PerspectiveImmunology

NK Cells Lose Their Inhibition

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Science  06 Aug 2004:
Vol. 305, Issue 5685, pp. 786-787
DOI: 10.1126/science.1102025

Hepatitis C virus (HCV) is quietly colonizing the vast, plentiful archipelago that we call the human species (1, 2). For those infected, the immediate effects are mild and attract little attention. The evidence of infection is obtained only later, either in the form of virus-specific immunity or liver disease. About 20% of infected individuals clear the virus. For the rest—now numbering ∼180 million persons worldwide—the infection and its accompanying immune reactions persist for decades and can lead to liver cancer or liver failure. There is no vaccine for HCV, but for those on the chase, it helps to know what factors distinguish a successful immune response from one that just blunders around. One such factor is a forceful cytotoxic T cell response aimed at viral peptides presented by a range of HLA class I molecules expressed by immune cells and many other cell types (3, 4). On page 872 of this issue, Khakoo et al. (5) report that another function of HLA class I molecules—the regulation of a type of immune cell called a natural killer (NK) cell—may also influence the fate of HCV infection.

NK cells are the lymphocytes that secrete cytokines and kill infected cells at early stages of a primary viral infection. Such speed is possible because NK cells abound in blood as differentiated effectors that are ready to go. On entering infected tissue, NK cells are activated by antigen-presenting cells called dendritic cells through surface receptors that sense microbial products or cellular stress (6). In contrast, in healthy tissue the activation pathways are kept in check by signals coming from inhibitory receptors (see the figure). In NK cells, this control is mediated by one or more inhibitory receptors that recognize self HLA class I molecules. Such inhibitory receptors include CD94:NKG2A, which binds to HLA-E, and certain members of the killer-cell immunoglobulin-like receptor (KIR) family, which bind to HLA-A, -B, or -C. Whereas CD94:NKG2A and HLA-E are conserved, HLA-A, B, C, and their corresponding KIR receptors are highly polymorphic (7). This variability and their functional interactions imbue KIR and HLA class I molecules with considerable potential as biomarkers of disease progression.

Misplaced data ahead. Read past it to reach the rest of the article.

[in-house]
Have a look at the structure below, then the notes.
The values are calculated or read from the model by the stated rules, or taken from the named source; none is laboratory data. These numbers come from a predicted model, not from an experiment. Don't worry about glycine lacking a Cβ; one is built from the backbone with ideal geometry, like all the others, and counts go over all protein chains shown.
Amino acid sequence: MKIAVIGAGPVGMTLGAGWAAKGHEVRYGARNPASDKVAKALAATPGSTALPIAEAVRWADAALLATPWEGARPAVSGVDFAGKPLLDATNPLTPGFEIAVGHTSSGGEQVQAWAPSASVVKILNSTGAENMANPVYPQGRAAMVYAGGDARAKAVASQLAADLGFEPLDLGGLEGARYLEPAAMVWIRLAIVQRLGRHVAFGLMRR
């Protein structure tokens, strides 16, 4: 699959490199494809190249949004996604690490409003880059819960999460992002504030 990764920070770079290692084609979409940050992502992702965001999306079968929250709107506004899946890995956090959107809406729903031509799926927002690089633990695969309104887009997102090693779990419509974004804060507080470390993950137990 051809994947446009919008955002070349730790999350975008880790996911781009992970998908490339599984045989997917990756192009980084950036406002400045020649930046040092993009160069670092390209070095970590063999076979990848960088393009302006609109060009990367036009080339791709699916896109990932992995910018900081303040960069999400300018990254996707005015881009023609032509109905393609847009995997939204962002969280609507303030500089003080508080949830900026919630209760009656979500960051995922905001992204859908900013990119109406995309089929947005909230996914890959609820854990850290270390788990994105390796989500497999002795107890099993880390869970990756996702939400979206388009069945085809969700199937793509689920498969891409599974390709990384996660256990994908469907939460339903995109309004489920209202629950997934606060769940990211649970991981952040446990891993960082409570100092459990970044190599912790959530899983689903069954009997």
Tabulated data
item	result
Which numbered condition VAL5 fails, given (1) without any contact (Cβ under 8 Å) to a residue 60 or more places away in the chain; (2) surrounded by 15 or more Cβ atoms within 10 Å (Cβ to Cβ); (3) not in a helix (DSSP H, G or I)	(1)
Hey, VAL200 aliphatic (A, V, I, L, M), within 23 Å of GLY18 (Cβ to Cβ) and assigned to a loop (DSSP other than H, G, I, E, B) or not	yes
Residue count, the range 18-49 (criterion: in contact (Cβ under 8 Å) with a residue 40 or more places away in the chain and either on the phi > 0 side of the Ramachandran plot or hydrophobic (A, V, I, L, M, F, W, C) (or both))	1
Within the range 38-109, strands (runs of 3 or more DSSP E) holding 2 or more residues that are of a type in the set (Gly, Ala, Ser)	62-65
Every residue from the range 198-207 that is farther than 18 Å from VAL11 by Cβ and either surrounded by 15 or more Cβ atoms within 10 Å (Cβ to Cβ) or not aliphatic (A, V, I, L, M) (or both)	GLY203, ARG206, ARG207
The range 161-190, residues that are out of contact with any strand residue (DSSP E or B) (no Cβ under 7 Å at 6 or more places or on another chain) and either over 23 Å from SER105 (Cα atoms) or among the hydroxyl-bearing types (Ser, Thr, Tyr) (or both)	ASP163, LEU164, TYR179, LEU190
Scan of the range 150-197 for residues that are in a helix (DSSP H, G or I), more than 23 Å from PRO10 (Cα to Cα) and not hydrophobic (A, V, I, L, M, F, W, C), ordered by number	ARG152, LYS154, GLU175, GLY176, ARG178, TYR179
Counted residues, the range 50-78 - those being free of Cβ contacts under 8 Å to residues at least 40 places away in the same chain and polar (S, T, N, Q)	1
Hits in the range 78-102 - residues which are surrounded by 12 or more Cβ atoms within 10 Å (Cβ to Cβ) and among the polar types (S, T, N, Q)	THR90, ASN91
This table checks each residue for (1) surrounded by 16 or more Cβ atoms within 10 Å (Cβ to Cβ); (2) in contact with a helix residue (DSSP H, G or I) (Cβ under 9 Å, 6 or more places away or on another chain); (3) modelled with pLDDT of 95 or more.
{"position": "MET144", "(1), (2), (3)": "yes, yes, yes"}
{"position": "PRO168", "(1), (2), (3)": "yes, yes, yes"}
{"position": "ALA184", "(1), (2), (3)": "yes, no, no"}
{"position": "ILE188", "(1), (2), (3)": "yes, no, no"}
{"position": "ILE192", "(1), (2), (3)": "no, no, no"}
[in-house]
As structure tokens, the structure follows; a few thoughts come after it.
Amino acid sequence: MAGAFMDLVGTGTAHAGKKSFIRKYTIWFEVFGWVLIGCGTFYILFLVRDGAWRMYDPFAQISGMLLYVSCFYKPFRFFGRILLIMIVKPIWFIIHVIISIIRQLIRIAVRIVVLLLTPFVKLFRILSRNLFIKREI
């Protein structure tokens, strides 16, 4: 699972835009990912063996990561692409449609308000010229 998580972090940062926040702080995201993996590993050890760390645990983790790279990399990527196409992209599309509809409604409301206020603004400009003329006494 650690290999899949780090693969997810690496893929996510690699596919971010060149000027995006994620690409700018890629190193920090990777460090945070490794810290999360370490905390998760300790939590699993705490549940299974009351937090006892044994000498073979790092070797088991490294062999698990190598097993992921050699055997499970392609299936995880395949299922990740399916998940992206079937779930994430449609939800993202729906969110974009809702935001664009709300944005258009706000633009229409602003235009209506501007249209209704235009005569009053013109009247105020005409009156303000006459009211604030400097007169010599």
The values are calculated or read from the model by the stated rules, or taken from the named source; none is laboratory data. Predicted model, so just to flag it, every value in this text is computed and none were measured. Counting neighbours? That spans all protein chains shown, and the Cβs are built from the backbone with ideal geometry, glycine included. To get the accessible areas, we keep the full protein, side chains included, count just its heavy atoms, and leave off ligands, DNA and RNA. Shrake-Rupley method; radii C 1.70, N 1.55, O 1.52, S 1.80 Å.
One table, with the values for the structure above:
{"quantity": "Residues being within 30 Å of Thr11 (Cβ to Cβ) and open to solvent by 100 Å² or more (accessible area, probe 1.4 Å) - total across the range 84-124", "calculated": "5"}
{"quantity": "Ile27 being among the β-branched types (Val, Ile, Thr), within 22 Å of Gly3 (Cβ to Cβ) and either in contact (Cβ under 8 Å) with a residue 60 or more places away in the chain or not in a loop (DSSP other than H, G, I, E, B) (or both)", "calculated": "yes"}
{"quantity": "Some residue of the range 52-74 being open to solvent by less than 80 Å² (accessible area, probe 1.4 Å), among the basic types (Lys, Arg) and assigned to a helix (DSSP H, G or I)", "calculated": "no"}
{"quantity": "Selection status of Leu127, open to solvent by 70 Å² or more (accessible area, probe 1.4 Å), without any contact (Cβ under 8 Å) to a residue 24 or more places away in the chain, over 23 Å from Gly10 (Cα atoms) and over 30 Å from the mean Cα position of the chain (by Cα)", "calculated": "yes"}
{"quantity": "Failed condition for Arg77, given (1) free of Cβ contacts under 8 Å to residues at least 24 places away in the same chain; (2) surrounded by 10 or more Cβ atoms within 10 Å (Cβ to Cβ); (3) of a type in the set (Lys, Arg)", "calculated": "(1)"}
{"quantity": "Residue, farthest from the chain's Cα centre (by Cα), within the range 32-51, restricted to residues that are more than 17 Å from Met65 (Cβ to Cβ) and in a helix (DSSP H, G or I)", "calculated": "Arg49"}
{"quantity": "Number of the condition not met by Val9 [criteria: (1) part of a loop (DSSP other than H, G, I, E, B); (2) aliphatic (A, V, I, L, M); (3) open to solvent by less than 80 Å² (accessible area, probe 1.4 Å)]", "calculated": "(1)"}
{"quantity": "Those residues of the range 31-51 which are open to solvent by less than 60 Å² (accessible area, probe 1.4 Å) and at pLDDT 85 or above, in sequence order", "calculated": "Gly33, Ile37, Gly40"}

Taking the brakes off NK cells.

(Top) The activity of NK cells is determined by the integration of signals coming from activating receptors and inhibitory receptors such as KIR2DL. (Middle) The three interactions between HLA-C1 and HLA-C2 and KIR2DL receptors that inhibit NK cells. The weak interaction between KIR2DL3 and HLA-C1 can be easily overcome such that individuals with this genotype more readily resolve infection with hepatitis C virus than infected individuals of other genotypes (5). (Bottom) The two common chromosomal arrangements of KIR2DL genes.

CREDIT: KATHARINE SUTLIFF/SCIENCE

With this objective, Khakoo et al. determined the KIR and HLA genotypes of 1037 individuals, who were exposed to HCV and had raised a virus-specific immune response. Comparison of the 352 individuals who resolved infection to the 685 with persisting HCV revealed a difference in the distribution of HLA-C ligands and their inhibitory KIR2DL receptors. The HLA-C locus encodes two forms of KIR2DL ligand defined by the presence of either asparagine (HLA-C1) or lysine (HLA-C2) at position 80 in the protein's sequence. HLA-C1 allotypes are the ligands for the KIR2DL2 and KIR2DL3 receptors, whereas HLA-C2 allotypes are the ligands for the KIR2DL1 receptor. Khakoo et al. show that individuals who are homozygous for HLA-C1 and KIR2DL3 resolve HCV infection more frequently than individuals with other genotypes (see the figure).